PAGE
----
Soreness is related to doing something what your body isnt used to, doesnt mean you grow, as far as i recall

    If you google, all articles, videos etc all seem to be in agreement that soreness does not mean muscle growth, same as lack of soreness does not mean lack of muscle growth
     
  17. Test_Subject

    Test_Subject Member

    Dude... Are you having a bad day or something? Because the you're arguing with some pretty fundamental training concepts.
     
  18. Tiredandhot

    Tiredandhot Member

    The guy's a friggin idiot. I have to come in to every thread and say it because he posts in many threads just looking to disagree, argue, then turn it around on the other guy.

    And lmao at his overtraining statement, he really is out there.
     
  19. Sworder

    Sworder Member

    Lol like that time in the frontloading thread? Haha, no. Again, I am so sorry about that.

    Those fundamental concepts are not based on science.

    If you want to talk about it we can. I want to break it down to know exactly where "the strength" gains from "a program" comes. There is no answer, you are just going to be spinning around and around like Eman does saying dumb terms.

    A "program" isn't a thing in science, it's man made. It's BS!

    Read my previous questions that I asked Eman, if you want to answer them go for it!

    When you are reading this do you think Eman has a point? That he has a bunch of studies that supports what he says? Cuz that's not the truth!

    The thing is, you guys LISTEN and ACCEPT "bro-science" as truth. Read text books and studies for your information and stop listening to "Emans" and "Mac111s" "information..."

    Effects of Different Weight Training Exercise/Rest Intervals
    Effects of Different Weight Training Exercise/Rest... : The Journal of Strength & Conditioning Research
    ABSTRACT: This study investigated the effects of a high volume 5-wk weight training program and different exercise/rest intervals on measures of power, high intensity exercise endurance (HIEE), and maximum strength. Subjects, 33 weight trained men (M age 20.4±3.5 yrs), were divided into 3 equal groups. The groups used the same exercises and set-and-repetition scheme. Rest intervals were 3 min for Gp 1, 1.5 min for Gp 2, and 0.5 min for Gp 3. Pre/post changes were analyzed using G × T ANOVA. Peak power, average peak power, and average total work, as measured during 15 five-sec cycle max-efforts rides and the 1-RM squat, increased significantly (N = 33, p < 0.05). The vertical jump and vertical jump power index did not show a statistically significant change. The 1-RM squat increased significantly more in Gp 1 (7%) than in Gp 3 (2%). Data suggest that, except for maximum strength, adaptations, to short-term, high-volume training may not be dependent on the length of rest intervals.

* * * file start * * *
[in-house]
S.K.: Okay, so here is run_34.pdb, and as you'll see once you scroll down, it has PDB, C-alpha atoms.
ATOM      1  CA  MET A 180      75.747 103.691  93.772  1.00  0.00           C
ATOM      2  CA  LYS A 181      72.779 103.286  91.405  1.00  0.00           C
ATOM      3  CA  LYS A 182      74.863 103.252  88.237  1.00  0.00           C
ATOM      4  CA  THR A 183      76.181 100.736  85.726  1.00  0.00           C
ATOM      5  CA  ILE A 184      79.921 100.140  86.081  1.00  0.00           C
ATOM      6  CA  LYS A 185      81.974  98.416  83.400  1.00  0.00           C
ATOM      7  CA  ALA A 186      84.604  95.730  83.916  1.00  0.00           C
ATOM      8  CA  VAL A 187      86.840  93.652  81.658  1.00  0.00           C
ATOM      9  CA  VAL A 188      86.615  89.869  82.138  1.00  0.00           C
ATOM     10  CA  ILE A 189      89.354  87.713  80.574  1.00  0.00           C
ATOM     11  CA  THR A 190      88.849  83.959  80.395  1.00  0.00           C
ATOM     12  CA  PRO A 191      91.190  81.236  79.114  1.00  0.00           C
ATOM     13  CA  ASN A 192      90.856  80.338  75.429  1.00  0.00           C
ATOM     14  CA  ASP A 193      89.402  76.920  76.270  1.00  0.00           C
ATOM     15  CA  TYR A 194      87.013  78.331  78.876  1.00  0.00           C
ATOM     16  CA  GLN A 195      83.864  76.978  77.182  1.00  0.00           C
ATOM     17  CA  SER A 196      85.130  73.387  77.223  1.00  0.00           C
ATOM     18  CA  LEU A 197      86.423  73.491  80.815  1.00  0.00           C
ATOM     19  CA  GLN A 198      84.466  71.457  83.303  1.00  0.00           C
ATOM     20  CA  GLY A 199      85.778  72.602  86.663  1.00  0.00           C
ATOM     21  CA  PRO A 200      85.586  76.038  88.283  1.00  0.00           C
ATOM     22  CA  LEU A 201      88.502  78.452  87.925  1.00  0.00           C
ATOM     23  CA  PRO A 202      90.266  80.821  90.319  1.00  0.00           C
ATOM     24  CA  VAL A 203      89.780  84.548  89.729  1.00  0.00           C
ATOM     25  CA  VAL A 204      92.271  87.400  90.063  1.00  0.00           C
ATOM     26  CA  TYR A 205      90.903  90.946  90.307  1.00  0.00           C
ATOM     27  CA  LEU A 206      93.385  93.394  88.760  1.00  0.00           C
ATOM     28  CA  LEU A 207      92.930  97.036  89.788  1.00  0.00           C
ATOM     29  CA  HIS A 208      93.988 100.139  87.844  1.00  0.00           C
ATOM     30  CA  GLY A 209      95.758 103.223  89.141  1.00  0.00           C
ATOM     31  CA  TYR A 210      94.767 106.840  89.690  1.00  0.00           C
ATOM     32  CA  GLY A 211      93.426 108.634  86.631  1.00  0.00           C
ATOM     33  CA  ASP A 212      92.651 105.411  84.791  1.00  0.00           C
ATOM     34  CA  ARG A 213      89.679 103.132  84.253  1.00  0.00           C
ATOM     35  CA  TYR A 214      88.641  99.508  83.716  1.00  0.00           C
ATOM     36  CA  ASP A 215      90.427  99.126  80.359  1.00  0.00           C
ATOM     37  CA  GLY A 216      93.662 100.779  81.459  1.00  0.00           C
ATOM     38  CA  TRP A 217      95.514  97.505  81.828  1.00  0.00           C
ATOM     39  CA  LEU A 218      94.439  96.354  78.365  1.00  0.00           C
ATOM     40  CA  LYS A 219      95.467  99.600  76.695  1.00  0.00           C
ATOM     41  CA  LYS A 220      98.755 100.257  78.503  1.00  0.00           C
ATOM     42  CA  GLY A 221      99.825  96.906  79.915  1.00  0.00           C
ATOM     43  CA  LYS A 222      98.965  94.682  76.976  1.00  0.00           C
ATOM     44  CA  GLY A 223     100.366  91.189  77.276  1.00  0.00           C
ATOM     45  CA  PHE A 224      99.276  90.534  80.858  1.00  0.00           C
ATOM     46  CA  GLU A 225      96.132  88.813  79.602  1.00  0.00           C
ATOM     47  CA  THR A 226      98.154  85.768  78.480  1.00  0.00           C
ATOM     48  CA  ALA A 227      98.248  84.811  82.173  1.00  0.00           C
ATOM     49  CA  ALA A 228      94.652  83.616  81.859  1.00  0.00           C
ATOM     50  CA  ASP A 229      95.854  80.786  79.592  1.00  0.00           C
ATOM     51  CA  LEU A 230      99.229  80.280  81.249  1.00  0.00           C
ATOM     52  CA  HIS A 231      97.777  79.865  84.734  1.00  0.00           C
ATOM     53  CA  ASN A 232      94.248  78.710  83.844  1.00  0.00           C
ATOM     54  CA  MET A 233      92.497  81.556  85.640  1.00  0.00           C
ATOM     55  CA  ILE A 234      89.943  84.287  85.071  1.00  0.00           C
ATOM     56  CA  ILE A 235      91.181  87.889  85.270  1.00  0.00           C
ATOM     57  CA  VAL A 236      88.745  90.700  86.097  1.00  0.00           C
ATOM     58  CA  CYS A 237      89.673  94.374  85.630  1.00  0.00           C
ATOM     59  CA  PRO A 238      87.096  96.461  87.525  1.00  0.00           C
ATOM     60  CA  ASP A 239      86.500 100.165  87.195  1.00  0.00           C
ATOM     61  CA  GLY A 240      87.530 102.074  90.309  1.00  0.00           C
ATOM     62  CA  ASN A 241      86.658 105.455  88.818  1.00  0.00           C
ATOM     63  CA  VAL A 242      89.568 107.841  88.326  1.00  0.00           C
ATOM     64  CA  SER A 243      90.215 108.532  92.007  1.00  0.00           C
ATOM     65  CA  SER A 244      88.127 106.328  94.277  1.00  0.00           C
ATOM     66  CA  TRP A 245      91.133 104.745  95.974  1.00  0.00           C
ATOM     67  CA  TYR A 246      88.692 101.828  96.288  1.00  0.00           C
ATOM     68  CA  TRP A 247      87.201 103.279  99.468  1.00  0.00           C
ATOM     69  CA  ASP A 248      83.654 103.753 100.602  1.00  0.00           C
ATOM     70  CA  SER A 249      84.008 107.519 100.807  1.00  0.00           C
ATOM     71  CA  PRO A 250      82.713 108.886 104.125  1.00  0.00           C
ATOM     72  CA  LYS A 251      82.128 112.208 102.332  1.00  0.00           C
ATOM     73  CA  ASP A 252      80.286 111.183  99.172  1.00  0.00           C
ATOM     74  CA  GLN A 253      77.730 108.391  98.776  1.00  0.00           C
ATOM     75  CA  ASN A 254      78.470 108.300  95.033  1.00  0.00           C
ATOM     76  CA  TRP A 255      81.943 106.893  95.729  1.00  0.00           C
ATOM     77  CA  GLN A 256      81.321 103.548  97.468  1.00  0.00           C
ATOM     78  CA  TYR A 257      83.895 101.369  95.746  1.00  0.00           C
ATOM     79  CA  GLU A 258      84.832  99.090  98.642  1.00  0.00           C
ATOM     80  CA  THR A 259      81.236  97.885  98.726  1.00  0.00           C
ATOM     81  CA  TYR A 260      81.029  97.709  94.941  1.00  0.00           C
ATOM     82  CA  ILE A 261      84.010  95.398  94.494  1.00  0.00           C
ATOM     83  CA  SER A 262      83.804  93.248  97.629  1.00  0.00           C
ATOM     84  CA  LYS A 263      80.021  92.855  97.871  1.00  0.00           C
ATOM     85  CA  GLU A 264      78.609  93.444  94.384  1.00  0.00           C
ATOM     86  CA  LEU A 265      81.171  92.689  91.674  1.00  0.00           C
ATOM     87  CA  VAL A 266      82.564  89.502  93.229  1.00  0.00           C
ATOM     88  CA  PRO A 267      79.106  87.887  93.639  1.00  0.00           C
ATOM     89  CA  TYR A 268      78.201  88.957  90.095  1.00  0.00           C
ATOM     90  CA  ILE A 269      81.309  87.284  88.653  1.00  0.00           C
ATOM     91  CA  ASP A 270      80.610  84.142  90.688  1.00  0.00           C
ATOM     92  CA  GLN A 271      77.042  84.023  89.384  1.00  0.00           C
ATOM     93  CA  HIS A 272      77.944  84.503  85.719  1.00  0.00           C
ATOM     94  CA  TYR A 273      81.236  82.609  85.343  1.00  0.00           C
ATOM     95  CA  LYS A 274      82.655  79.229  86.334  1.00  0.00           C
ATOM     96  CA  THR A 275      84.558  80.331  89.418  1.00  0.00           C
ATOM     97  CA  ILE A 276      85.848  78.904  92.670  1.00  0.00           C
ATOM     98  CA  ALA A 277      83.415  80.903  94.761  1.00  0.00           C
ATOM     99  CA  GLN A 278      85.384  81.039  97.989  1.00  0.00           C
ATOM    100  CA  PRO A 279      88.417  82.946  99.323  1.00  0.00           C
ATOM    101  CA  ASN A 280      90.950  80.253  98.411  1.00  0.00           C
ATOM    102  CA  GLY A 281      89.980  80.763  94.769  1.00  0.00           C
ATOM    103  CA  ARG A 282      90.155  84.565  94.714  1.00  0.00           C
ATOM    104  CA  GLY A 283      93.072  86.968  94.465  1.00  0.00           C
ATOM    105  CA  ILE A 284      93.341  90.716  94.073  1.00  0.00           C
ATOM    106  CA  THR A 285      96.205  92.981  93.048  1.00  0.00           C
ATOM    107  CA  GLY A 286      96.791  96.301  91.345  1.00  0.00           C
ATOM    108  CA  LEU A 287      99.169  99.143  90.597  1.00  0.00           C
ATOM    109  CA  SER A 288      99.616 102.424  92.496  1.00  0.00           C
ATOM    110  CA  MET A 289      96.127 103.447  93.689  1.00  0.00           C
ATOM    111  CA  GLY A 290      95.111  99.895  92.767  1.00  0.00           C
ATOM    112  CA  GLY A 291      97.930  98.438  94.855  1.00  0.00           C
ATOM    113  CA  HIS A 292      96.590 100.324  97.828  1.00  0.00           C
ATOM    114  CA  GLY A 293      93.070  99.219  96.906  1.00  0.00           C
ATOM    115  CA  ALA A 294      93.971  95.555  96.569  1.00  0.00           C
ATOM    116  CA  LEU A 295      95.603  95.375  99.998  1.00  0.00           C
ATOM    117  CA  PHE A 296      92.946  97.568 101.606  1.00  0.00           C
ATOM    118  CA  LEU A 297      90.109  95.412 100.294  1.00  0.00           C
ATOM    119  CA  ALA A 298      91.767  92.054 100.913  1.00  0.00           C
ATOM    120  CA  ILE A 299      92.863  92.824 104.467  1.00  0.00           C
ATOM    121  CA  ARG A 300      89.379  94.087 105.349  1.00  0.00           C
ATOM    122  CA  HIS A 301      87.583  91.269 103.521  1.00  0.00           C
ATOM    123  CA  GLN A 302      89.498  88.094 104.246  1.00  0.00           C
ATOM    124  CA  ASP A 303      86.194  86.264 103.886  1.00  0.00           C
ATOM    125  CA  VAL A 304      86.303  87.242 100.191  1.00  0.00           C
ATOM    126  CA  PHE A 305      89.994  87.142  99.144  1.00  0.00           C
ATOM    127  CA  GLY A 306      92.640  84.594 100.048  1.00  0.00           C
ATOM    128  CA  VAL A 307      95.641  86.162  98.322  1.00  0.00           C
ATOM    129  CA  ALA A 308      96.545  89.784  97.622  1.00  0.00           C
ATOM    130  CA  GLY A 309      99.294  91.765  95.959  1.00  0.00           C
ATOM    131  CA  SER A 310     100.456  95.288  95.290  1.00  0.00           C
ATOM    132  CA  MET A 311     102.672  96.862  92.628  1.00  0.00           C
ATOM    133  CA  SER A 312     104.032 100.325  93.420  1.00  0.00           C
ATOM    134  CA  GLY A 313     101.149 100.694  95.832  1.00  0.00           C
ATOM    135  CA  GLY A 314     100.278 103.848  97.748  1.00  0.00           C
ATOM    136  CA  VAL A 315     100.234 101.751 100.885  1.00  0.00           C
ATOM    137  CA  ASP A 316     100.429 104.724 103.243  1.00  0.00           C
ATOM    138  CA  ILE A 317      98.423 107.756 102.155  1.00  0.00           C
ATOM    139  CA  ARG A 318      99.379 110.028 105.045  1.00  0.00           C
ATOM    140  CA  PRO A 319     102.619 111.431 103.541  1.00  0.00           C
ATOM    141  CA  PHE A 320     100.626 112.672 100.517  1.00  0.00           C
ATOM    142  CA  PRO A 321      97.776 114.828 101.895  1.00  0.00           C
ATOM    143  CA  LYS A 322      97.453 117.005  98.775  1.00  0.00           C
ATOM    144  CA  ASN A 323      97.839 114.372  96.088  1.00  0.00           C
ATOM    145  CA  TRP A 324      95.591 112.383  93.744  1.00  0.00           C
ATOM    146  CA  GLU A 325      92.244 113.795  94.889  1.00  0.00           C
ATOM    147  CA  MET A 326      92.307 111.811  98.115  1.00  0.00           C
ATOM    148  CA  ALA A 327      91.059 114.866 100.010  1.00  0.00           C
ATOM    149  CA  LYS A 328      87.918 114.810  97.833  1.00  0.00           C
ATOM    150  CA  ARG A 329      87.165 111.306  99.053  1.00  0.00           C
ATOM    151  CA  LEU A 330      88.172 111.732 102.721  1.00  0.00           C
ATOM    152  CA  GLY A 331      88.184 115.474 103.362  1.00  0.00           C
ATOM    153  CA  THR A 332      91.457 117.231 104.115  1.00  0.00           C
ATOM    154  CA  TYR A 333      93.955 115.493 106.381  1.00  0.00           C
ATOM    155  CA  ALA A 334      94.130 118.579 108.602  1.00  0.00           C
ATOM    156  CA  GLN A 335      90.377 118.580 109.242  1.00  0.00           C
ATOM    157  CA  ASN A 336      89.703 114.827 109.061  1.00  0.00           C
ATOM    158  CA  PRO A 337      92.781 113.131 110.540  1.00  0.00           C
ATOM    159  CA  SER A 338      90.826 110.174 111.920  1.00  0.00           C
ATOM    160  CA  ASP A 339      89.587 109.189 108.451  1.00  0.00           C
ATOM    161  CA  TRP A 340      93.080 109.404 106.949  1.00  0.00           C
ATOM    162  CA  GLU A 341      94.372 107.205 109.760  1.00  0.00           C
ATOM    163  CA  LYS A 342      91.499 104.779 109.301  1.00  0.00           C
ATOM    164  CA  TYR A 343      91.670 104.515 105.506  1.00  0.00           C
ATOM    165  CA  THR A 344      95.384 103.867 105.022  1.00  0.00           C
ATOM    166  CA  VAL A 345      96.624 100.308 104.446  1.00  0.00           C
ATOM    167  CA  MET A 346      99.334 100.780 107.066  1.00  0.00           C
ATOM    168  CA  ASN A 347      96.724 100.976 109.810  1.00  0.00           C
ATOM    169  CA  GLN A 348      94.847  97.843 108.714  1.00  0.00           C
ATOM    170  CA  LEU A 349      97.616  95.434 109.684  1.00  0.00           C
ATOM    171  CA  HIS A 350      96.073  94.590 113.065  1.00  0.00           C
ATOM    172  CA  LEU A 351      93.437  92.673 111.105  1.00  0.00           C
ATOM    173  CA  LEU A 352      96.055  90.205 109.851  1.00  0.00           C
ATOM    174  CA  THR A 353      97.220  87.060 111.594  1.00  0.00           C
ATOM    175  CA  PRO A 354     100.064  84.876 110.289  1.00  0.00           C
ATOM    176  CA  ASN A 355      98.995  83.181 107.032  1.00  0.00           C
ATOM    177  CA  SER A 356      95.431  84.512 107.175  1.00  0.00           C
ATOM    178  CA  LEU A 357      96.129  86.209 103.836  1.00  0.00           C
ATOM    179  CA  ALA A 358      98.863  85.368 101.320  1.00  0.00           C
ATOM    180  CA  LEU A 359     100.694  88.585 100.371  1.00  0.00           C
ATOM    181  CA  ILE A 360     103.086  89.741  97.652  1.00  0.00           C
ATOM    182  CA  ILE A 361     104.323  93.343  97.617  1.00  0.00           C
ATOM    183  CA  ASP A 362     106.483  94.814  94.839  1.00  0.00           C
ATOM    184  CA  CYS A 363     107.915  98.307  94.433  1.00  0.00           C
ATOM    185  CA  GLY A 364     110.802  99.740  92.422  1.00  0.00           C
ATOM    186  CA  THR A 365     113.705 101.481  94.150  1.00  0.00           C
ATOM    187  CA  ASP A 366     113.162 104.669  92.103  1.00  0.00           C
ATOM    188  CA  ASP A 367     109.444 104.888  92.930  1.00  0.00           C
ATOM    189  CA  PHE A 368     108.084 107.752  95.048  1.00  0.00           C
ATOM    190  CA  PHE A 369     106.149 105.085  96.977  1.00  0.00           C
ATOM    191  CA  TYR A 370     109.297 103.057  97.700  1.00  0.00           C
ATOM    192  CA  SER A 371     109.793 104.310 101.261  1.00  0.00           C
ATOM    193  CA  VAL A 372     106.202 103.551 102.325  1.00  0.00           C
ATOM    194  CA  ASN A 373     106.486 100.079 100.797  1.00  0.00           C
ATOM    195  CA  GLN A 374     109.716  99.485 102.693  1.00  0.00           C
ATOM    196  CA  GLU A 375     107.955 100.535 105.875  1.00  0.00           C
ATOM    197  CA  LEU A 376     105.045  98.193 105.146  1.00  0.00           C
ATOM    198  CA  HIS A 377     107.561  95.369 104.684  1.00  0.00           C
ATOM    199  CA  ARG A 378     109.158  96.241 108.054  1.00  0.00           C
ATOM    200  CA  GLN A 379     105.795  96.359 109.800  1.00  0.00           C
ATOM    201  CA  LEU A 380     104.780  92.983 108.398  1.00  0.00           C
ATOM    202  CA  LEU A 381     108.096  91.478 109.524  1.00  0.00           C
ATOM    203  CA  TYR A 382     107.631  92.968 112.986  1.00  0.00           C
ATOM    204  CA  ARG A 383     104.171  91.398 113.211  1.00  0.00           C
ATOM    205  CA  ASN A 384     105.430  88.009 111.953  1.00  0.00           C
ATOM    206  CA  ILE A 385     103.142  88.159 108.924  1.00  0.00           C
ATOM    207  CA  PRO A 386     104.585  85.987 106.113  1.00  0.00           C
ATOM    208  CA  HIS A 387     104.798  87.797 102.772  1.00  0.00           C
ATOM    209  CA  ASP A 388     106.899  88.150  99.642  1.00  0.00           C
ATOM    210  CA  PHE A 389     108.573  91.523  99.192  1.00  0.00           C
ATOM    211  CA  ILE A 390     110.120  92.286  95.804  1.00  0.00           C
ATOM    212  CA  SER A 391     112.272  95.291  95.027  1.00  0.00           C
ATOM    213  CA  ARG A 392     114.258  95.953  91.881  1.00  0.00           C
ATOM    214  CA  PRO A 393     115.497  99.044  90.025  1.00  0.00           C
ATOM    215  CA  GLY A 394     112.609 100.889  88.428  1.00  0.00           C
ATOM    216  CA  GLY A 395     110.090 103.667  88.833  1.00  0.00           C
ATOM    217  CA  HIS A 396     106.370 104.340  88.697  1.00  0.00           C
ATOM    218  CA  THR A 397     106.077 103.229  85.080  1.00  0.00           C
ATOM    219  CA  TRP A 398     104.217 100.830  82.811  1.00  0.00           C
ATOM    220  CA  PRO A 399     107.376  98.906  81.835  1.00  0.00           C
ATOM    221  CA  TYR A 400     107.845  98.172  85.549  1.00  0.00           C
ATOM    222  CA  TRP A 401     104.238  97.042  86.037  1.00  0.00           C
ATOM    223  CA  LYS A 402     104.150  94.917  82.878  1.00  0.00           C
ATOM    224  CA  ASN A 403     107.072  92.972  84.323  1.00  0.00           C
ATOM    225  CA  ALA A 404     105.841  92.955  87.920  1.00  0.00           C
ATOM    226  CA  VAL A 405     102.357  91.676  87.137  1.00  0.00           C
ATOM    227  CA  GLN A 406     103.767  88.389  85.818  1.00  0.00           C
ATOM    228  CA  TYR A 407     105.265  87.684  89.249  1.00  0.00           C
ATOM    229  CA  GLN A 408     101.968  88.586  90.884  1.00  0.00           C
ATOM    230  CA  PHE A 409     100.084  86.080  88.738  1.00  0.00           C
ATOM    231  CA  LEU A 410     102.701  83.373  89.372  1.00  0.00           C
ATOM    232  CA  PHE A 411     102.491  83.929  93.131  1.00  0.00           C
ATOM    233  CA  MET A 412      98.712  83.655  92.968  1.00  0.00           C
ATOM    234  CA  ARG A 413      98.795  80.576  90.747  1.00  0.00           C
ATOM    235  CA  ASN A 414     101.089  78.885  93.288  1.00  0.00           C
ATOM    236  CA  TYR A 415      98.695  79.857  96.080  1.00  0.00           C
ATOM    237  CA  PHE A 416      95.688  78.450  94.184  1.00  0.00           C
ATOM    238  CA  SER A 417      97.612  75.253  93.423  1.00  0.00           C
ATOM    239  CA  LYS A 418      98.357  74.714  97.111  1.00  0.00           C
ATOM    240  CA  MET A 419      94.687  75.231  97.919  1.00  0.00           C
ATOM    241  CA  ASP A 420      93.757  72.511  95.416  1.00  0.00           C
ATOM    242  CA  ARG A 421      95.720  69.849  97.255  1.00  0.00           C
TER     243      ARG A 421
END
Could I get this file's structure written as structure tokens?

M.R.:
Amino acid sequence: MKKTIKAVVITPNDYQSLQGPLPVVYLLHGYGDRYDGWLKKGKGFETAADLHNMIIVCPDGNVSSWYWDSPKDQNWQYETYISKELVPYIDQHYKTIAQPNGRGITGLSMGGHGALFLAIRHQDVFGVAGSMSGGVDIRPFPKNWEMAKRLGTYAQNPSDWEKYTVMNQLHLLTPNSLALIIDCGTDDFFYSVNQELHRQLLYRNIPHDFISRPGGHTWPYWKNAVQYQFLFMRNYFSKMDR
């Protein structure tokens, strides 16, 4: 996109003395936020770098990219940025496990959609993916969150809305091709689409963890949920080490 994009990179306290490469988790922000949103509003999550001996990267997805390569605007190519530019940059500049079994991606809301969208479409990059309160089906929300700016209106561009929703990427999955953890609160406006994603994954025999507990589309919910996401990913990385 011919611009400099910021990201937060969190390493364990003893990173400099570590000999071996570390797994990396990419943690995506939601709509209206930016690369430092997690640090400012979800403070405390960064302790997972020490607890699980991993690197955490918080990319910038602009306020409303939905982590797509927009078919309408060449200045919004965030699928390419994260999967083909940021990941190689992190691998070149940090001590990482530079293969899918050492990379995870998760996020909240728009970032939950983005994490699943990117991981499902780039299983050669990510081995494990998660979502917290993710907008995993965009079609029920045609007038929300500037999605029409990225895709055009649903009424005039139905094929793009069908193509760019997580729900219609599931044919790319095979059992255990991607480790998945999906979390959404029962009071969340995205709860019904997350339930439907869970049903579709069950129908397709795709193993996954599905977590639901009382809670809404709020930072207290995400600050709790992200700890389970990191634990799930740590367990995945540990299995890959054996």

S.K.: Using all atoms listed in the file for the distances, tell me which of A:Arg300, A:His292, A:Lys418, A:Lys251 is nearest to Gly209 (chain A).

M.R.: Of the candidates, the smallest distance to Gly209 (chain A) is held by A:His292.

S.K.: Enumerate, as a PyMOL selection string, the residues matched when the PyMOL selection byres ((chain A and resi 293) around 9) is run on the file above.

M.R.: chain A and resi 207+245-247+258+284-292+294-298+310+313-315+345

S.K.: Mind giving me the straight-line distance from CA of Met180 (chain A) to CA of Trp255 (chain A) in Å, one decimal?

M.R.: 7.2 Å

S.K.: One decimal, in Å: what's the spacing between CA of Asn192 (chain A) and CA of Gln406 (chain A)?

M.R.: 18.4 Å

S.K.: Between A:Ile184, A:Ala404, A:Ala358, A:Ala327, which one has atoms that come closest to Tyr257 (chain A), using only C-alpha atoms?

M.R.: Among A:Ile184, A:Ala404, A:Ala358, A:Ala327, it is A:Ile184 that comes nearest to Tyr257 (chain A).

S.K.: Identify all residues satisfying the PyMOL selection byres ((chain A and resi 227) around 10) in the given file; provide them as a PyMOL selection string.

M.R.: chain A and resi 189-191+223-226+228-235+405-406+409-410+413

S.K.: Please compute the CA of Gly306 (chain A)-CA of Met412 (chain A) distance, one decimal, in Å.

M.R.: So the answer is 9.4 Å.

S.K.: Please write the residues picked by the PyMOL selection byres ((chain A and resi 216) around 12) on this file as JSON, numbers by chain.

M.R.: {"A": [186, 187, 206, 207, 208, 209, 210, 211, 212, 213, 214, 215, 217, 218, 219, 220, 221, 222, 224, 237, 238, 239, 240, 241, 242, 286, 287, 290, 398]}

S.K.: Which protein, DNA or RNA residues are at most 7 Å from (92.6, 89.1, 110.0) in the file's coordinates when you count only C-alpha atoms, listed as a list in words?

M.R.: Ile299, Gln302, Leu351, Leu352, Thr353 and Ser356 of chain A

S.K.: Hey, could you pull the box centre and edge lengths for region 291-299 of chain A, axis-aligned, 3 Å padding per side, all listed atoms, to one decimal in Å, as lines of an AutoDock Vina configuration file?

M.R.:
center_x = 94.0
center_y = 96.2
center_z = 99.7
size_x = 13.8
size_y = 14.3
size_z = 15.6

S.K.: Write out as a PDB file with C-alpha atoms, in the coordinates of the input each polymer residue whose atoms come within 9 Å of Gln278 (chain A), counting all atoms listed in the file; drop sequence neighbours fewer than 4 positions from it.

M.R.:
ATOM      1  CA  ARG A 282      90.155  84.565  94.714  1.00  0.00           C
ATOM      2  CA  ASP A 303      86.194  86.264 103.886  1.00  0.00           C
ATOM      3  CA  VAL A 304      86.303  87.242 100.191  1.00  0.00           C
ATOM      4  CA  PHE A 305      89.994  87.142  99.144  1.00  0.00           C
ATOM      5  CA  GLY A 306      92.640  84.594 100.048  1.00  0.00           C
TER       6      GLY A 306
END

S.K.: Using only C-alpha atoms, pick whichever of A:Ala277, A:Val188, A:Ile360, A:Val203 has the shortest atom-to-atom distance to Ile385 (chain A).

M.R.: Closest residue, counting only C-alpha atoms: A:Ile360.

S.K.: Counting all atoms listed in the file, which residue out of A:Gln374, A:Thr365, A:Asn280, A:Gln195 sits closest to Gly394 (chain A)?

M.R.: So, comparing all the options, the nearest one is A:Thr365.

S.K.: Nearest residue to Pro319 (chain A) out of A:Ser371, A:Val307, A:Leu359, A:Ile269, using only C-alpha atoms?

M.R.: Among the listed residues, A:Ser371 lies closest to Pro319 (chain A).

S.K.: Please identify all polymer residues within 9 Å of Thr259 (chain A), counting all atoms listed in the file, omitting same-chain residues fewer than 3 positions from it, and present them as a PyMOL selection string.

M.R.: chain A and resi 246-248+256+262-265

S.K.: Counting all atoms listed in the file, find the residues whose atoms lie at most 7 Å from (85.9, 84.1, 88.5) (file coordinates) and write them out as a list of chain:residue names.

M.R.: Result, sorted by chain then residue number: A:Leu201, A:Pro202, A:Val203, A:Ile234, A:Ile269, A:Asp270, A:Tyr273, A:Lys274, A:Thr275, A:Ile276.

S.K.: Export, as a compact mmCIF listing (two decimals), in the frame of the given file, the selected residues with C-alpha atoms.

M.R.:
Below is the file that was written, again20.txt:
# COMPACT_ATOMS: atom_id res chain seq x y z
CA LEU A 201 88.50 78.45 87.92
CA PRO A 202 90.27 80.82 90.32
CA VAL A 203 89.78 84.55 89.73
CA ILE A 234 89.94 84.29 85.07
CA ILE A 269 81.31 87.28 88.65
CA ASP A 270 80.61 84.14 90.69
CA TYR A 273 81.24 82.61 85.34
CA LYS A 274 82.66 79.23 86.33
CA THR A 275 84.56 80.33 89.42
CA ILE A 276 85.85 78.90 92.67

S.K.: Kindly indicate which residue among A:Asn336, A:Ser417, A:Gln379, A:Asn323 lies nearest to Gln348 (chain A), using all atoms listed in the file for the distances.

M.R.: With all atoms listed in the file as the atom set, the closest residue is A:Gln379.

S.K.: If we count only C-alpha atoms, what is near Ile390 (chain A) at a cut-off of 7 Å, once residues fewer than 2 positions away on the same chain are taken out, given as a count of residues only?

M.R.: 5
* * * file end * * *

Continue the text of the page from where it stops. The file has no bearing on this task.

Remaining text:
This study investigated the effects of a high volume 5-wk weight training program and different exercise/rest intervals on measures of power, high intensity exercise endurance (HIEE), and maximum strength. Subjects, 33 weight trained men (M age 20.4±3.5 yrs), were divided into 3 equal groups. The groups used the same exercises and set-and-repetition scheme. Rest intervals were 3 min for Gp 1, 1.5 min for Gp 2, and 0.5 min for Gp 3. Pre/post changes were analyzed using G × T ANOVA. Peak power, average peak power, and average total work, as measured during 15 five-sec cycle max-efforts rides and the 1-RM squat, increased significantly (N = 33, p < 0.05). The vertical jump and vertical jump power index did not show a statistically significant change. The 1-RM squat increased significantly more in Gp 1 (7%) than in Gp 3 (2%). Data suggest that, except for maximum strength, adaptations, to short-term, high-volume training may not be dependent on the length of rest intervals.
     
  20. Eman

    Eman Member

    It's been a trip listening to you too, fella... These last few posts of yours have been emotional in the most cringeworthy way. I have no idea why you think I'm making things up - I think it's because you just don't follow... For instance, intensity has nothing to do with time between sets, it is the amount of weight you lifted. It's not like I'm making up these words - I'm just repeating vocabulary that would come out of any strength textbook.

    You are very much deluded if you think that any accomplished strength athlete goes into the gym and just "wings it". I'll add all of this to the rest of the weird ass shit you post.